We reported back in 2012 that the UK’s Serious Fraud Office (“SFO”) had confirmed its commitment to enforcing the UK Bribery Act 2010 (“Bribery Act”) and that its new powers to prosecute bribery offences would remain an important tool in actions overseas.

So where are we now? In late 2013, the SFO charged printing company Smith & Ouzman Limited with offences of corruptly agreeing to make payments totaling nearly £500,000. Two of its directors, an employee and an agent have also been charged with the same offences and the trial is expected to take place in November 2014. The charges have however been brought under the Prevention of Corruption Act 1906, not the Bribery Act, as the alleged offences took place before the Bribery Act came into force. 

The SFO had brought arguably its biggest case against corruption when it charged Victor Dahdaleh, one of Labour’s wealthiest backers, of making multimillion-pound payments to win lucrative contracts. The trial took place in December 2013, but collapsed after the main witness changed his evidence and two further witnesses, lawyers at US firm Akin Gump, declined to testify.

This is not the first high-profile mistake that has been made by the SFO during its attempts to prosecute white-collar crime. The SFO is being sued by the property tycoon Vincent Tchenguiz for a series of alleged injustices relating to his arrest in connection with the collapse of the Icelandic bank Kaupthing. It was forced, in 2006, by Mr Blair, the then Prime Minister, to drop an inquiry into the alleged payment of Saudi bribes by BAE Systems to secure a multibillion-pound arms contract. In 2002, two trials costing the SFO £40m failed to convict anyone in connection with an alleged £20m fraud at DIY chain Wickes.

Following the collapse of the Victor Dahdaleh trial, the shadow attorney general, Emily Thornberry, said “The SFO under this government has lurched from shambles to shambles and cannot be relied on to carry out the complex investigations and prosecutions it was created to undertake.” Government insiders have said that the new National Crime Agency, which was launched in October 2013 to tackle serious and organised crime, including economic crime, could take over some of the work of the SFO. This may include work in relation to the Bribery Act.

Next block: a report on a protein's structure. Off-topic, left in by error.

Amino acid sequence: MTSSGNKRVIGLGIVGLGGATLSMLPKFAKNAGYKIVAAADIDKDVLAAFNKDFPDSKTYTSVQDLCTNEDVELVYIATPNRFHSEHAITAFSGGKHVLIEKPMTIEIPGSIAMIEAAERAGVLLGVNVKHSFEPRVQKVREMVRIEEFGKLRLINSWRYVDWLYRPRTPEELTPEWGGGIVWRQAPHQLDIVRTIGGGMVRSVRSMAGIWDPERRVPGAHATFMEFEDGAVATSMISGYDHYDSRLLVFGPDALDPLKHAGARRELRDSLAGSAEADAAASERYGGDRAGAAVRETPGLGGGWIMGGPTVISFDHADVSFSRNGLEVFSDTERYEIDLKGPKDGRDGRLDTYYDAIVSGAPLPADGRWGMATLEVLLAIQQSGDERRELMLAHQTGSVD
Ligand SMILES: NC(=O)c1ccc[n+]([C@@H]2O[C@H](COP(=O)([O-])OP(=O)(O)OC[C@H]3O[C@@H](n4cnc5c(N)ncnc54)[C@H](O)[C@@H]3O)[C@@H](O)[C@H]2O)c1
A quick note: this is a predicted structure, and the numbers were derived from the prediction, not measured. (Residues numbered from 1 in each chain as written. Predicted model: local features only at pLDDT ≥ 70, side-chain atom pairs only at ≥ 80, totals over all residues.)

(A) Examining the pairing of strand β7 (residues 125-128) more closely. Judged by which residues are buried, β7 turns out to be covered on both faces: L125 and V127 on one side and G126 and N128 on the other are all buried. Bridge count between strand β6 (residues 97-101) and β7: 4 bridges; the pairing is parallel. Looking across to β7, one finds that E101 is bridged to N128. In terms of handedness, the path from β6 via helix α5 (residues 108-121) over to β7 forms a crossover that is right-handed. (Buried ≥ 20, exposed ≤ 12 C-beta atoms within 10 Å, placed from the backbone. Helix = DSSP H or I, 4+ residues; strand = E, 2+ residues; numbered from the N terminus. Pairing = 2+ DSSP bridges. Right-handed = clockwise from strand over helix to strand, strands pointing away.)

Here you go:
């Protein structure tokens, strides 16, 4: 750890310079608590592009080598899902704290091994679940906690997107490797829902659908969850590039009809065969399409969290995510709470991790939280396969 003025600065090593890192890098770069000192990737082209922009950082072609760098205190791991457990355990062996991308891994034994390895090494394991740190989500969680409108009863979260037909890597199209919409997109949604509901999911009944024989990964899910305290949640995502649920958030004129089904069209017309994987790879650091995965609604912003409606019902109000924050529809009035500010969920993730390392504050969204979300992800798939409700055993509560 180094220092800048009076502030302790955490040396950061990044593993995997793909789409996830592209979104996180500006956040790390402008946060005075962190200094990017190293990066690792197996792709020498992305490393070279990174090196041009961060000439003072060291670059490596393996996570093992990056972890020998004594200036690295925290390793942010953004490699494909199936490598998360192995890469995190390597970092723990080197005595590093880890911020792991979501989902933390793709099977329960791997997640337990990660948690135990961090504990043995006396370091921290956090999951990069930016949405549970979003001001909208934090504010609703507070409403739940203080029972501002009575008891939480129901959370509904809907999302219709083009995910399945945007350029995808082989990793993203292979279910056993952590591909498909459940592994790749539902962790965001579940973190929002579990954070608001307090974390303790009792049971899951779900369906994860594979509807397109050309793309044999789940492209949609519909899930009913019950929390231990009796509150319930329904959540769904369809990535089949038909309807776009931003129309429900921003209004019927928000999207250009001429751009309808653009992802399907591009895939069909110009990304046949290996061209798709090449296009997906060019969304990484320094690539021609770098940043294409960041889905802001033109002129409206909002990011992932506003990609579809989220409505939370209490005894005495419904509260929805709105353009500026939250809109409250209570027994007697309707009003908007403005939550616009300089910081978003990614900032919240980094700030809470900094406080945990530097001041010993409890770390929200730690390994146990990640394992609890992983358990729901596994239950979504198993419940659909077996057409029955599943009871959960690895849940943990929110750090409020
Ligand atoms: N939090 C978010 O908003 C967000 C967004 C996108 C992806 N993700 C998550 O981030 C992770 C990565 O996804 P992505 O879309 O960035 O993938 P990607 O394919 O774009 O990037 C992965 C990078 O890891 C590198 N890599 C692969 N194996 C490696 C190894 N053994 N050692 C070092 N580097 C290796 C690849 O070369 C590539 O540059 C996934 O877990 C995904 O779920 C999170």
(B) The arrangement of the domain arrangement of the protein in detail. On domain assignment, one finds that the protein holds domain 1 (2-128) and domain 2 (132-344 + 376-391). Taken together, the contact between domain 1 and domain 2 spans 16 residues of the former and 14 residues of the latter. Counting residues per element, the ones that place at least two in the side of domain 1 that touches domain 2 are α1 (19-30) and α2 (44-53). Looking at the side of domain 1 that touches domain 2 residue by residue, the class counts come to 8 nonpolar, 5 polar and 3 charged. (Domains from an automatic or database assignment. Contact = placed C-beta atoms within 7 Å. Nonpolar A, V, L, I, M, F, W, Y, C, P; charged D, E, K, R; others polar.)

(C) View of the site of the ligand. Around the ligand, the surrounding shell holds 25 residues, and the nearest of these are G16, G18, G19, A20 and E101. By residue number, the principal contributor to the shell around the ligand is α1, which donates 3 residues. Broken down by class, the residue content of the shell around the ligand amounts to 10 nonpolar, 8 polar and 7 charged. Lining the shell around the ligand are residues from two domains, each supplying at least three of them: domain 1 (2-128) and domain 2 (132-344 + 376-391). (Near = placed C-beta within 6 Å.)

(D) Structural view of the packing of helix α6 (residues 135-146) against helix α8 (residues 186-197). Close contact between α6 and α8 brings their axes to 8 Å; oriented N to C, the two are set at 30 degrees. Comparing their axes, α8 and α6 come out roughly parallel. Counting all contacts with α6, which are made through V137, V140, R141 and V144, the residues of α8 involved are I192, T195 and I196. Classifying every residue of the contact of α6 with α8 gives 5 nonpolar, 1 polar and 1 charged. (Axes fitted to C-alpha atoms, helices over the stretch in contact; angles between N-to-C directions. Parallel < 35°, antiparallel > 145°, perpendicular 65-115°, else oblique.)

Although there is yet to be a prosecution against a corporate under the Bribery Act, this could in part be explained by the fact that investigations take a long time and that, because the Bribery Act is not retrospective, a prosecution under the Bribery Act can only be brought in relation to offences that took place since the Bribery Act entered into force.

Cases under the Bribery Act could however be around the corner. The SFO confirmed in December 2013 that it had opened a criminal investigation into allegations of bribery and corruption at Rolls Royce and in November 2013, confirmed that it had opened a criminal investigation into G4S and Serco electronic monitoring contracts. Only time will tell whether these investigations will result in a prosecution and whether that will be under the Bribery Act or older legislation.